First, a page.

Approaching Indigenous employment and workforce development

When we talk about Indigenous employment and workforce development, we are talking about the process of attracting, cultivating and retaining a skilled Indigenous workforce who are ready and available to take on jobs when they arise. In order to effectively engage any Indigenous community and develop a workforce from within it, it is vital to take a holistic approach.

Here are the key elements that will lead to the successful implementation of an Indigenous employment and workforce development program within your organisation.

  1. Commitment from the top down
    Within your organisation, senior management must be visibly on board and backing an Indigenous employment and workforce development strategy. This support will help the initiative to gain momentum and ensure that all employees within the organisation are invested in its success.
  2. Research and plan ahead
    It’s integral that you first understand the local community framework and the key stakeholders within it. This is to ensure that you identify the protocols which are unique to that community and understand any historical issues so you can prepare an appropriate community consultation framework.
  3. Identify the key leaders in the community specific to your project area
    There are Traditional Owners and key family groups within every Indigenous community. Each will play a specific role within that community and you will need to connect with the specific leaders who can assist you with your project. They will not only help you to identify potential candidates but also assist you with the establishment of a mentoring framework. Spending time within the community will cement strong relationships with the key stakeholders and elders built on trust.
  4. Clearly and accurately explain what you want to do
    Explain your Indigenous employment and workforce development strategy, including as much specific information on your project and the job requirements as you can. Make sure all information on available opportunities is correct and up to date otherwise it will result in delays in your project and possibly create a ripple effect of issues within the community. Be clear that Indigenous employees will be successful in gaining employment on merit and because they are suitable for the position.
    Social media, specifically Facebook, is a platform that is gaining momentum amongst many Indigenous communities as a way to gain and share information. So you may wish to consider using it to post jobs and communicate with the community. Finally, follow through is essential, so ensure that you remain connected with the community and update them as things progress.
  5. Seek the support of additional stakeholders
    Working within a network and establishing partnerships with organisations and stakeholders who can support the effectiveness of your Indigenous employment and workforce development plan is vital. No one can do it alone and you will need to take a holistic approach by incorporating service providers who offer things you cannot—for example, training organisations, medical services or other Aboriginal and Torres Strait Islander service providers. To achieve success, it’s important that all key stakeholders and service providers work together and ensure transparency between them. It’s also best to seek approval with community leaders and members before engaging external stakeholders to avoid the deterioration of trust within the relationship.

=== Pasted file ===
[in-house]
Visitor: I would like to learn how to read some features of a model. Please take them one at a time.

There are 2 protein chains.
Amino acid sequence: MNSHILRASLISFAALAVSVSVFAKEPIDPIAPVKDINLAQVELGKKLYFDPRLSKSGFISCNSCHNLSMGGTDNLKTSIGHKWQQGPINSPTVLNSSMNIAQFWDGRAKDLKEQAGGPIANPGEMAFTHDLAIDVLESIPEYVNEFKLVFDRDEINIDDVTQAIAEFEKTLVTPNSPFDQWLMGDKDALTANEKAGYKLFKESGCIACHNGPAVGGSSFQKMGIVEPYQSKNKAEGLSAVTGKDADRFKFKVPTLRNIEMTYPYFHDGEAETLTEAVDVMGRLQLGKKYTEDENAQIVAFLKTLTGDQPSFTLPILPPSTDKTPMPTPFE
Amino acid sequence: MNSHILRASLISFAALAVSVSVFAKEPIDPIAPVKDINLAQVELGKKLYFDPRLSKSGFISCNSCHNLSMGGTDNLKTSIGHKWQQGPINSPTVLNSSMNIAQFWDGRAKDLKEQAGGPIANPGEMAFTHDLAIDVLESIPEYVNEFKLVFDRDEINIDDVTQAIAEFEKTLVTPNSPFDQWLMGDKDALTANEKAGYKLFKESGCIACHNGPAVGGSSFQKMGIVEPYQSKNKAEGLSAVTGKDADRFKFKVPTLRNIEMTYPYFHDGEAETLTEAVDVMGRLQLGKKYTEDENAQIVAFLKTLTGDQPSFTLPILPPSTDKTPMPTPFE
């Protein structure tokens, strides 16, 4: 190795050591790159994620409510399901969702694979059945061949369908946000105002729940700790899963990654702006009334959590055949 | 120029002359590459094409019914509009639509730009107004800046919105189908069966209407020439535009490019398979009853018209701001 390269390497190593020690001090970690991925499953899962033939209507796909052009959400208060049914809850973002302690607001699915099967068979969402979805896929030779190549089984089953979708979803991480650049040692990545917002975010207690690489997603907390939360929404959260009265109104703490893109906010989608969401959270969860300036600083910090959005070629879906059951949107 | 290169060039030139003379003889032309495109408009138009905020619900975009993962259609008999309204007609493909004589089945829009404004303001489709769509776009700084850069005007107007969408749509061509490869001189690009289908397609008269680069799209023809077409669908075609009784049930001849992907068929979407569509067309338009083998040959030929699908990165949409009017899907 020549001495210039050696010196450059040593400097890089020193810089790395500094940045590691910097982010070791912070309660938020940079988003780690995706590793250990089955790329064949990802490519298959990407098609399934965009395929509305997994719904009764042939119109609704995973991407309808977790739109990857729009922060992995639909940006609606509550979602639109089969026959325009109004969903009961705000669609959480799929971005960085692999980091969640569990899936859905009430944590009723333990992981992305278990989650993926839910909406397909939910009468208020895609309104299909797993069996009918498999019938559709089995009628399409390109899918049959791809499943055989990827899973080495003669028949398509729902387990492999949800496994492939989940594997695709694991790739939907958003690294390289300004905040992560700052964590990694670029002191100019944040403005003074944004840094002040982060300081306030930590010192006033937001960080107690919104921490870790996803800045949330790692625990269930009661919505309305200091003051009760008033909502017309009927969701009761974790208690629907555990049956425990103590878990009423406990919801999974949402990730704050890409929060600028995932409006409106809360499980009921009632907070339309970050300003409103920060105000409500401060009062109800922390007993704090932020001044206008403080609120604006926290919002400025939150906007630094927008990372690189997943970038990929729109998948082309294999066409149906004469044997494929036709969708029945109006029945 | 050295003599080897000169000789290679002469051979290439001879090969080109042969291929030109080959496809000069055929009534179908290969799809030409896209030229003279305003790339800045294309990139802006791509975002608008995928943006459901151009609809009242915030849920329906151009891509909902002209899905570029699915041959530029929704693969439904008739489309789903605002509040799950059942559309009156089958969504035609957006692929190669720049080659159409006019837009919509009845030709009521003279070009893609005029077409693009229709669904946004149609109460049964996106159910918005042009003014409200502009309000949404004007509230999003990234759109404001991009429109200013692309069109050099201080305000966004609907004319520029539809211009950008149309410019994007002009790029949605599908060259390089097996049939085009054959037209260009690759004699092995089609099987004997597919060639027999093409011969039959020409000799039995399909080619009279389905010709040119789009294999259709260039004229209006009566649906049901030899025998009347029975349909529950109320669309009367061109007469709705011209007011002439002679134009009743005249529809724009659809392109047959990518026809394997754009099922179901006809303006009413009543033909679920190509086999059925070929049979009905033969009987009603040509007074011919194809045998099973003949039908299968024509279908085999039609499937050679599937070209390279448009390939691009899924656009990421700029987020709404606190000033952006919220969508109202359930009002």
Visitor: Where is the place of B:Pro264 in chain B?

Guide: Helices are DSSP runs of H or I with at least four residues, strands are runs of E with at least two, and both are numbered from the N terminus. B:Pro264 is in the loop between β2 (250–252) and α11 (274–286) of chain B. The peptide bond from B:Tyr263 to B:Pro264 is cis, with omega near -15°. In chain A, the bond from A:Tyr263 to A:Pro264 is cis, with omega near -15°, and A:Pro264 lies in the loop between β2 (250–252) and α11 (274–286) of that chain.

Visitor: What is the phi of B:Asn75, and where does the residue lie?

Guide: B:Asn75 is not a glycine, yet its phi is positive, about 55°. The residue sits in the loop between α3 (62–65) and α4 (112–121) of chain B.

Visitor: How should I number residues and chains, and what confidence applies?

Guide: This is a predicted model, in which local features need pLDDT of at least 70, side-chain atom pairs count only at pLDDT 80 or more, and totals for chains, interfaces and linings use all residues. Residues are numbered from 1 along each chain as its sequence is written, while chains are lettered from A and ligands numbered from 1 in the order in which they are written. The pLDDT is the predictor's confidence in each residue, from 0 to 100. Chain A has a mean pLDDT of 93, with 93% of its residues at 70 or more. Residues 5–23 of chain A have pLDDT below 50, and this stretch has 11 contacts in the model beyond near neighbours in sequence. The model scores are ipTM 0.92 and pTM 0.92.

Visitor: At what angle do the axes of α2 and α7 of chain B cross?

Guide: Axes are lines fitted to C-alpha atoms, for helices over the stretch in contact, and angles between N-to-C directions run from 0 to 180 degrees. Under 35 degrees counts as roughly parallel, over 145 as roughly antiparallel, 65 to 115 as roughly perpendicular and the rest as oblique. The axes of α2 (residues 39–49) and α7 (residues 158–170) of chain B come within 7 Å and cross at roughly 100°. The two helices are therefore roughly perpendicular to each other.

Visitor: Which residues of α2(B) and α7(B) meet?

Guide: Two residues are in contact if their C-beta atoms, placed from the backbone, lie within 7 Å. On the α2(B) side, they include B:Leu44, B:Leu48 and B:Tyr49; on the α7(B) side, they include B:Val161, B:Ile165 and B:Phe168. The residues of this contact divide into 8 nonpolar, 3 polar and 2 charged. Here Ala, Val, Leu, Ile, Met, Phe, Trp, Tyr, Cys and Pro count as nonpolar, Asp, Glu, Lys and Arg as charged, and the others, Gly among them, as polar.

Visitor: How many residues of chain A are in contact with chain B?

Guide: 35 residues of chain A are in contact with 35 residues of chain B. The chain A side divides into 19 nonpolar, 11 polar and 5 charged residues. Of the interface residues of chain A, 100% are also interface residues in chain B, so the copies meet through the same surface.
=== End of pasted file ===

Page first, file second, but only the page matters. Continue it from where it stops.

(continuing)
6. Be thorough with your recruitment and training process
    Conduct a training needs analysis and an extensive skills audit to ensure you provide opportunities that best match your Indigenous candidates. Make sure you ask specific questions in the interview, especially those related to an applicant’s prior training. Clearly outline all details of the role so that the applicant is best able to make an informed decision.
  7. Include a mentorship program and cross-cultural awareness training
    Whether it’s something you do internally or in coordination with an external service provider, a mentorship program can make all the difference to the longevity of an employment relationship. Ideally these mentors would be from within the Indigenous community itself. Cross-cultural awareness training is an important part of promoting a positive culture and two-way understanding of different cultural practices within your organisation.
  8. Be realistic when setting targets and evaluating progress
    The reality is that any Indigenous employment and workforce development strategy will take time to become effective. It’s unrealistic to expect a 100% retention rate with Indigenous employees, especially at the outset. You will need to evaluate your approach regularly to fine tune it along the way.

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